With the country hurtling towards the worst economic recession ever, bringing about mass unemployment and countless business bankruptcies, Chancellor Rishi Sunak gave us a sliver of good news yesterday. He handed out vast sums of government money to the likes of Wetherspoons owner Tim Martin in the form of a targeted temporary VAT cut and a public subsidy of a tenner a head every time we eat out in selected Wetherspoons pubs. To be fair, other pubs and restaurants will also get free money to allow us to eat cheaply Mondays to Wednesdays in August. But here’s a thing: there is no such thing as government money. It’s our money.
A mask free Sunak added to the ‘fun’ by having a photo opportunity in a branch of Wagamama yesterday afternoon, pretending to be a waiter, delivering meals to unsuspecting diners. The same Sunak who announced last week that he “couldn’t wait to go back to the pub” even though he doesn’t drink. Anyone who thinks ‘eat out to help out’ is anything more than a gimmick probably needs urgent psychiatric help. Send me a note if you need a decent therapist.
It says much for the state of this country that the government is prioritising pubs and restaurants above everything else. Schools? Nah – children can wait until September when hopefully something will turn up. The continuation of free parking for frontline NHS staff? Nah – we can’t afford that if we’re going to let people get a half-price Big Mac. And those millions of people who have had to exist on next to nothing for four months – people like freelancers, the ‘wrong’ type of self-employed people; you know the sort – are forgotten, maybe deliberately ignored by a government that seems to be more about crowd-pleasing announcements than sensible economic decisions.
The idea from central government is that we should be out on the piss, as well as over-eating high fat, high calorie junk food in order to save the economy. Boris Johnson wants the ‘bustle’ to return by making it very clear that COVID-19 has gone away, something which his government knows isn’t true, but everything they do, like scrapping the daily press conference, is designed to make it feel it has. Then, the whole country can return to normal and we live happily ever after. However, the possibility that this could all go tits up is very real.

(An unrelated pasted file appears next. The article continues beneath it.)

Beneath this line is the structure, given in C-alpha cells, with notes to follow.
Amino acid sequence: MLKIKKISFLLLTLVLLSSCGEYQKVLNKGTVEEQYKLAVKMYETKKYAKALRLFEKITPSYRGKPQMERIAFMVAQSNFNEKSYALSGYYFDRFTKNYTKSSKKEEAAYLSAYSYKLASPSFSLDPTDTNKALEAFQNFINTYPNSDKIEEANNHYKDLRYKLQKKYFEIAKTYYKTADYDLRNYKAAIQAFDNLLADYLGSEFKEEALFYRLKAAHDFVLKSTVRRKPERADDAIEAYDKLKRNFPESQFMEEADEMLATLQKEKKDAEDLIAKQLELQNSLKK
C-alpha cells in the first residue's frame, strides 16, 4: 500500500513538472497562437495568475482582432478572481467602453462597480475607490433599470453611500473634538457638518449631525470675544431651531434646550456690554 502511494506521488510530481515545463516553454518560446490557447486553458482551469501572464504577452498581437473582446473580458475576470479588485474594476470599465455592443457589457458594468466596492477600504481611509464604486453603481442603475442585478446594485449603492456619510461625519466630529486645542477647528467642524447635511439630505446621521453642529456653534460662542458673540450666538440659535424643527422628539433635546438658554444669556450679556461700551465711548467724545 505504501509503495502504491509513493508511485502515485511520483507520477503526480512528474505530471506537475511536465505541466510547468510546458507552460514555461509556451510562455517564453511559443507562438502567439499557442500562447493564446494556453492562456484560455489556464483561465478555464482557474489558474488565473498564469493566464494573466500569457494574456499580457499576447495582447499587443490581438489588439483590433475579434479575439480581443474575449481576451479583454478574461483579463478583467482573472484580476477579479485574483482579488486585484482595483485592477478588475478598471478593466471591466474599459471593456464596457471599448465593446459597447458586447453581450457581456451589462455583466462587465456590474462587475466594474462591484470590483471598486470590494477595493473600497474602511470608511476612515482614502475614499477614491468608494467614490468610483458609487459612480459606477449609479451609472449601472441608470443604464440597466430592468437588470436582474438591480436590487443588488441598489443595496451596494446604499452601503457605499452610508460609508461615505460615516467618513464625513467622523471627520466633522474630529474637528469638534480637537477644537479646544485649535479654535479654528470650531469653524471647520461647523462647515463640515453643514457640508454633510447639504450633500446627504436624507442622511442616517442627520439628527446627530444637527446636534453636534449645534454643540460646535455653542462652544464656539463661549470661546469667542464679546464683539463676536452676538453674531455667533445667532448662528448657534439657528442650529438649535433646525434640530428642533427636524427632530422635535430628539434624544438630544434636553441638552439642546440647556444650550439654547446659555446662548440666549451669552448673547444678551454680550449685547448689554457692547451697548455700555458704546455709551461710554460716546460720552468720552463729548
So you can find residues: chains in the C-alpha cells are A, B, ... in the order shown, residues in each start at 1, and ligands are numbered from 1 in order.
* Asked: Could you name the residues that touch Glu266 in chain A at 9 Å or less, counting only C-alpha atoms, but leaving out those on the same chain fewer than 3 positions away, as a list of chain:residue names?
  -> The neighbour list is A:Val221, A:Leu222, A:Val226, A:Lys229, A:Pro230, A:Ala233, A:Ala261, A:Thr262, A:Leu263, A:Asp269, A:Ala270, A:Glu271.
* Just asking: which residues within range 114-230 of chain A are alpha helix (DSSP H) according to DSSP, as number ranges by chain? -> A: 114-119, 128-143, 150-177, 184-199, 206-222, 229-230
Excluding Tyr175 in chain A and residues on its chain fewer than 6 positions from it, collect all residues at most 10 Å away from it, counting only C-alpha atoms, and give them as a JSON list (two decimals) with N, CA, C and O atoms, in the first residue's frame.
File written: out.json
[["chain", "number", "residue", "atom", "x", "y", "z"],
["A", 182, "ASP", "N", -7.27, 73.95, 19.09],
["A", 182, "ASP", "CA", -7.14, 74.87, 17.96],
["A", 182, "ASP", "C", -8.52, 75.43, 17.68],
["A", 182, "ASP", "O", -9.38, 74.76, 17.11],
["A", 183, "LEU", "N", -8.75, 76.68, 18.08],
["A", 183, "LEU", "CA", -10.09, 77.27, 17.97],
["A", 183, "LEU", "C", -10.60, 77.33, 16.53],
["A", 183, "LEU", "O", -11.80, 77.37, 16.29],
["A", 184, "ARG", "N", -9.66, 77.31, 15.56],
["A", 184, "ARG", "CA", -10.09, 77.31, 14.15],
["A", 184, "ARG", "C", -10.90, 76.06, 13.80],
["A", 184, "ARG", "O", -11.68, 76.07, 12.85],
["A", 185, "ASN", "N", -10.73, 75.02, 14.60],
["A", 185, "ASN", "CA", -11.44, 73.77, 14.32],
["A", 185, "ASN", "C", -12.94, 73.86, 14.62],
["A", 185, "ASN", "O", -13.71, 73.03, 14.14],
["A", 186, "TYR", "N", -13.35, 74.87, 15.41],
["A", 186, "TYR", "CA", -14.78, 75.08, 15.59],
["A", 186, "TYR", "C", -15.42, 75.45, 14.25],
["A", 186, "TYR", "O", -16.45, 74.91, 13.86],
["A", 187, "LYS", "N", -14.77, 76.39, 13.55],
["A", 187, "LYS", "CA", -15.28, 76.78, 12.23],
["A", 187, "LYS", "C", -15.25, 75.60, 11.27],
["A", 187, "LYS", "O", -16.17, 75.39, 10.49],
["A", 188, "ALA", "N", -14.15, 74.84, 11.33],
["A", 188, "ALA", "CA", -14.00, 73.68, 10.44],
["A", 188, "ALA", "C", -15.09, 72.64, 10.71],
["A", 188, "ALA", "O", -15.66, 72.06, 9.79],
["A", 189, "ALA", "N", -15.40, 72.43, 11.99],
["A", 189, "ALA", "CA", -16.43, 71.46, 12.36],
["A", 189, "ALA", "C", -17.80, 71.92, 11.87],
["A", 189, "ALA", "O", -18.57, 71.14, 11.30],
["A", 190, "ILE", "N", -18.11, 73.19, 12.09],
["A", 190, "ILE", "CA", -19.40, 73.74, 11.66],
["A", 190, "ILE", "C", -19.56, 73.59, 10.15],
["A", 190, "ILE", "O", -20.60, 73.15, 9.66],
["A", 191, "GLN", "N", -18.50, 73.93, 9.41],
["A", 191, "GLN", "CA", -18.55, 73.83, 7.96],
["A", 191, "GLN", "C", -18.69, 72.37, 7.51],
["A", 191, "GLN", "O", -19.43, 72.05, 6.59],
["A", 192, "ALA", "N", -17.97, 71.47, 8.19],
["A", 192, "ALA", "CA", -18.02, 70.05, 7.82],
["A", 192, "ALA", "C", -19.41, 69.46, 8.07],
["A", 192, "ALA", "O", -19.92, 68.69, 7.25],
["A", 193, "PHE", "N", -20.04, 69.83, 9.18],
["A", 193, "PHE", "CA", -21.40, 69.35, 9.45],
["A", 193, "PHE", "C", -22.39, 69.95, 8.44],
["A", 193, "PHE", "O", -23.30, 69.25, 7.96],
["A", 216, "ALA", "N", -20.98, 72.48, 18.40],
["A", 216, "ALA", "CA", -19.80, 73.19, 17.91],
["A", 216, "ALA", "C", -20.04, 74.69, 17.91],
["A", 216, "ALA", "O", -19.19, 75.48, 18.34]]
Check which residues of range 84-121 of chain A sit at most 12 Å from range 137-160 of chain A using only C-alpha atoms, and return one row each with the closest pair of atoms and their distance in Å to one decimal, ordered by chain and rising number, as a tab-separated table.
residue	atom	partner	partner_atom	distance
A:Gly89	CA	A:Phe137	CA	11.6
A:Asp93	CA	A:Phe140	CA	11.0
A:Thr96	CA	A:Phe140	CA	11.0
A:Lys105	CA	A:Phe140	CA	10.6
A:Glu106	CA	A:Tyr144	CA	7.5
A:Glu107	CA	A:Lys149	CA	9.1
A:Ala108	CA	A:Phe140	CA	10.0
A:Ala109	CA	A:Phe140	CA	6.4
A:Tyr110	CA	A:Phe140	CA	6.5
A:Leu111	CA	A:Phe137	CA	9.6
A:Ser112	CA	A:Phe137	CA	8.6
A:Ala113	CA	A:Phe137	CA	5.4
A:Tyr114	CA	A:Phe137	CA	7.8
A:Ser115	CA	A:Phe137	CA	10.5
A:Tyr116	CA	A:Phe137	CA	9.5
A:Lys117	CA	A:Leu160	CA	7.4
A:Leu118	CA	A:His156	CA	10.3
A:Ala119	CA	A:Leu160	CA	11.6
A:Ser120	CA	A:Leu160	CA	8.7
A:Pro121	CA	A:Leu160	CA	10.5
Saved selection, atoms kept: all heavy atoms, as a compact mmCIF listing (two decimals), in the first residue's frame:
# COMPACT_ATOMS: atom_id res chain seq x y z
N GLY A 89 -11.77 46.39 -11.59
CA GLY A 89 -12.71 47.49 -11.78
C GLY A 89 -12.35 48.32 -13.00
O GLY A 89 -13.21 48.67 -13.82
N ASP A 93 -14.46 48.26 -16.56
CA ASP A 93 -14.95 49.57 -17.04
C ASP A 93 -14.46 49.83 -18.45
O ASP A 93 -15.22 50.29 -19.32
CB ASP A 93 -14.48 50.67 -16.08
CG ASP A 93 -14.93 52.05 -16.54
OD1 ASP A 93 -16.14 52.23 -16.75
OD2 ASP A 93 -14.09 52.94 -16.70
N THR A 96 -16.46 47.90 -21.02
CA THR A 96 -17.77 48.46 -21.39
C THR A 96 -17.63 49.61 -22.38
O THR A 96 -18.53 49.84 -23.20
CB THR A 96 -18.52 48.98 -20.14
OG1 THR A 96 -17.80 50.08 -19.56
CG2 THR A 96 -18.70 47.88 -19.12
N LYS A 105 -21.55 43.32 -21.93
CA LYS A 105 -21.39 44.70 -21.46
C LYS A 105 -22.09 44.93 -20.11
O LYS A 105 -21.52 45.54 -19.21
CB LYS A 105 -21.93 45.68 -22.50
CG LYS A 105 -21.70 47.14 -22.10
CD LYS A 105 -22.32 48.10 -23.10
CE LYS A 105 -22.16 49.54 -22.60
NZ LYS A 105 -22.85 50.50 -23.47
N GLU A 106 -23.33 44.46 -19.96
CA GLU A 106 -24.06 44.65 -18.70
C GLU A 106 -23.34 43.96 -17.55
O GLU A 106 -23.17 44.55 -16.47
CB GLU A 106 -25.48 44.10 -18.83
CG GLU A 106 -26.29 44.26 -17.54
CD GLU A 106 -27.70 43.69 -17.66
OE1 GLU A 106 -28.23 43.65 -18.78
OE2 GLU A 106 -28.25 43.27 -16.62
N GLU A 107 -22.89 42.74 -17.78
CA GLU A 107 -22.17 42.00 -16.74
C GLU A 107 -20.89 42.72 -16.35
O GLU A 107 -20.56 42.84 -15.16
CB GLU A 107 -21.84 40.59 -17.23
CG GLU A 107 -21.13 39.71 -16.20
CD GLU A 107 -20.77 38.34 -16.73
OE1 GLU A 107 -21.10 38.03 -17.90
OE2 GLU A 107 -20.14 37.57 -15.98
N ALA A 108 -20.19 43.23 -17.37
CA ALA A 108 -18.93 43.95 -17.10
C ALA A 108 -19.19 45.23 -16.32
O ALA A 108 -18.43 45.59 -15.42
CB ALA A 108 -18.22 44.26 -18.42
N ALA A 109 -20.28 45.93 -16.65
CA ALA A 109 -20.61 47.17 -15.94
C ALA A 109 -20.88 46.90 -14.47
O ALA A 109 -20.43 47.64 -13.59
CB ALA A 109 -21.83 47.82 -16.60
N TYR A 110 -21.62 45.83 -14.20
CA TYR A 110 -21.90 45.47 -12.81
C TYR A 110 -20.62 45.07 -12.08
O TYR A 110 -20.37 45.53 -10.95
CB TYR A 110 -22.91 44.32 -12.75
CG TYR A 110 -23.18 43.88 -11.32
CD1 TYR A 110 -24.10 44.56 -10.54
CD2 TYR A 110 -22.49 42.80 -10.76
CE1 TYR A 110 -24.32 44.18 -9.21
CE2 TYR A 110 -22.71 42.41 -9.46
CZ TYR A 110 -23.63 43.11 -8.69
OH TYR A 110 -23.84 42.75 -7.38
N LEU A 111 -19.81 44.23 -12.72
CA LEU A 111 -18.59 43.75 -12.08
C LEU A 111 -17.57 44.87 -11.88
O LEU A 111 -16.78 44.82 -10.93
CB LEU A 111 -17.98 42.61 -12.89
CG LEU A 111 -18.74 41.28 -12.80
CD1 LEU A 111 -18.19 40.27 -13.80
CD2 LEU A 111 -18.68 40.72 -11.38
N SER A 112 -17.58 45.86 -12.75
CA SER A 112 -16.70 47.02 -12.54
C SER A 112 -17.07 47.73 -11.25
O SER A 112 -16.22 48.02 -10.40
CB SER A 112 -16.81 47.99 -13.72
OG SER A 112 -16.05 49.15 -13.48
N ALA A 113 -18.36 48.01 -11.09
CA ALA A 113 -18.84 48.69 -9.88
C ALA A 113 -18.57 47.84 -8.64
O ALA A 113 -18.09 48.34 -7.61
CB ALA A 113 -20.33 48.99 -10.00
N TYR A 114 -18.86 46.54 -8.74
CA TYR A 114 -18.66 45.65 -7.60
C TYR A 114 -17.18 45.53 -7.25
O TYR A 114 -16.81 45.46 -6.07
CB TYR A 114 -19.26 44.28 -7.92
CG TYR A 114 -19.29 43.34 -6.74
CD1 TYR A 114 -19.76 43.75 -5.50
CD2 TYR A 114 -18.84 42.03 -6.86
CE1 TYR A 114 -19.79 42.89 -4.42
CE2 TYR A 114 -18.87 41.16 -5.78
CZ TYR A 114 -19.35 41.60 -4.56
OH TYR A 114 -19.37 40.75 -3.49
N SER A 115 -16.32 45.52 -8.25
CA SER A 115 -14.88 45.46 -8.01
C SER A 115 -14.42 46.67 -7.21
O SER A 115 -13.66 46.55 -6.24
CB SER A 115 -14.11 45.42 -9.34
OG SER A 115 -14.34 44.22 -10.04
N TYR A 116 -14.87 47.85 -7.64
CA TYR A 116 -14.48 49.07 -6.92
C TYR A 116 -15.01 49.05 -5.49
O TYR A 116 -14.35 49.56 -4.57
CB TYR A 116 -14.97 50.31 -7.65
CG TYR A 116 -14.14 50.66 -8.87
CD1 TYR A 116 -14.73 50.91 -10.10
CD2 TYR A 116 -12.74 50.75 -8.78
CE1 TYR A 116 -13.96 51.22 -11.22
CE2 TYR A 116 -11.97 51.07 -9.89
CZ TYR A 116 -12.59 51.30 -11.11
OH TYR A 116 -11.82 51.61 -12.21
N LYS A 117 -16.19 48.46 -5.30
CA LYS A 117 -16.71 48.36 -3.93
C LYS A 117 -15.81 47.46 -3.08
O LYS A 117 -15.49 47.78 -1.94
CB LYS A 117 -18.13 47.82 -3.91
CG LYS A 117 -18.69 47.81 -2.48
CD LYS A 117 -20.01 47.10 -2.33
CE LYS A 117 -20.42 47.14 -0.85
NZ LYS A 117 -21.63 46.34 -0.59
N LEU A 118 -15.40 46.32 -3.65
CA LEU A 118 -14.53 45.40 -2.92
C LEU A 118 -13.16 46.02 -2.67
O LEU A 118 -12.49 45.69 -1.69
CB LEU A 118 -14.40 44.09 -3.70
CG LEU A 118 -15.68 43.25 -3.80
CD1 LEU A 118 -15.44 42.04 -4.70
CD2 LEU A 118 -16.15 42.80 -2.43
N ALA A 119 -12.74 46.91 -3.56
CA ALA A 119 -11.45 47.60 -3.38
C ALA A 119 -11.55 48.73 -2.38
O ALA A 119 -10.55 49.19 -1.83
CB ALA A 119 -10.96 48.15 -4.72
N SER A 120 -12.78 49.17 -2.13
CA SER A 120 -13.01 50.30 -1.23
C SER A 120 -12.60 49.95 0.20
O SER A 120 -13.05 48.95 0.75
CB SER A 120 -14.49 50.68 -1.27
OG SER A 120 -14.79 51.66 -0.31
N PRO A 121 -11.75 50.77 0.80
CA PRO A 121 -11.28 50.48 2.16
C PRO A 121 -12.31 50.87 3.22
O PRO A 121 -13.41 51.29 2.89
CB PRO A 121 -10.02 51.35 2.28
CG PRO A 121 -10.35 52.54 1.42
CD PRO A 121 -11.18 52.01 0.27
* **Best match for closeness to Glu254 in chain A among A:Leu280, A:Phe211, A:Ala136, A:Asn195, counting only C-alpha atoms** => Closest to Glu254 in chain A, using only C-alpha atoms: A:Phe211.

As we have noted before, the former prime minister Harold McMillan was once asked what in politics scared him most. “Events, dear boy. Events”, by which he meant the unexpected. In this instance, there are all manner of potential events that could make the government strategy unravel, the biggest of which would be a ‘second wave’ of the virus. In deepest, darkest winter, which to my mind begins on 1st September, we will all be indoors again. It appears likely that the virus is not particularly effective in the outdoors because there don’t appear to have been any spikes in transmission rates during the #BLM protests and the beach invasions. A second, probably much harder, wave of cases would wreck the Chancellor’s plans, inflicting yet more damage on a wrecked economy. If the first wave of COVID-19 has killed off many daytime Wetherspoons customers, the second could do for many of the evening ones.
To my economically uneducated eye, it appeared like Sunak was tinkering at the edges. There was obviously good stuff in his package of measures but at the end I felt, ‘Is this it?’ I mean, I like a pub meal or a Nandos as much as any man or woman, but will this prevent mass job losses at Rolls Royce or Airbus?
Plainly, Sunak, having enjoyed the best education money can buy at super elite Winchester College and Oxford University, probably has a tighter grasp of economics than I do, so perhaps if millions pile into their local boozer for a reduced price pie and mash all our problems will be over and we will ‘bounce back’. I’m not so sure, myself, particularly given that Sunak for all his plus points was appointed to do as Dominic Cummings demanded. Yesterday’s budget – for that’s what it was – will have been run past countless focus groups by Cummings because that’s how he works. So maybe there’s far more to the eye, or perhaps far less, than there is on first sight.
We rarely eat out anyway, but if we do it it will be more likely to be at an independent pub or restaurant and not a chain. It certainly won’t be at a Wetherspoons and, rather unkindly, when the tsunami of failed businesses comes along, I hope Tim Martin’s pubs will be the first to be swept away.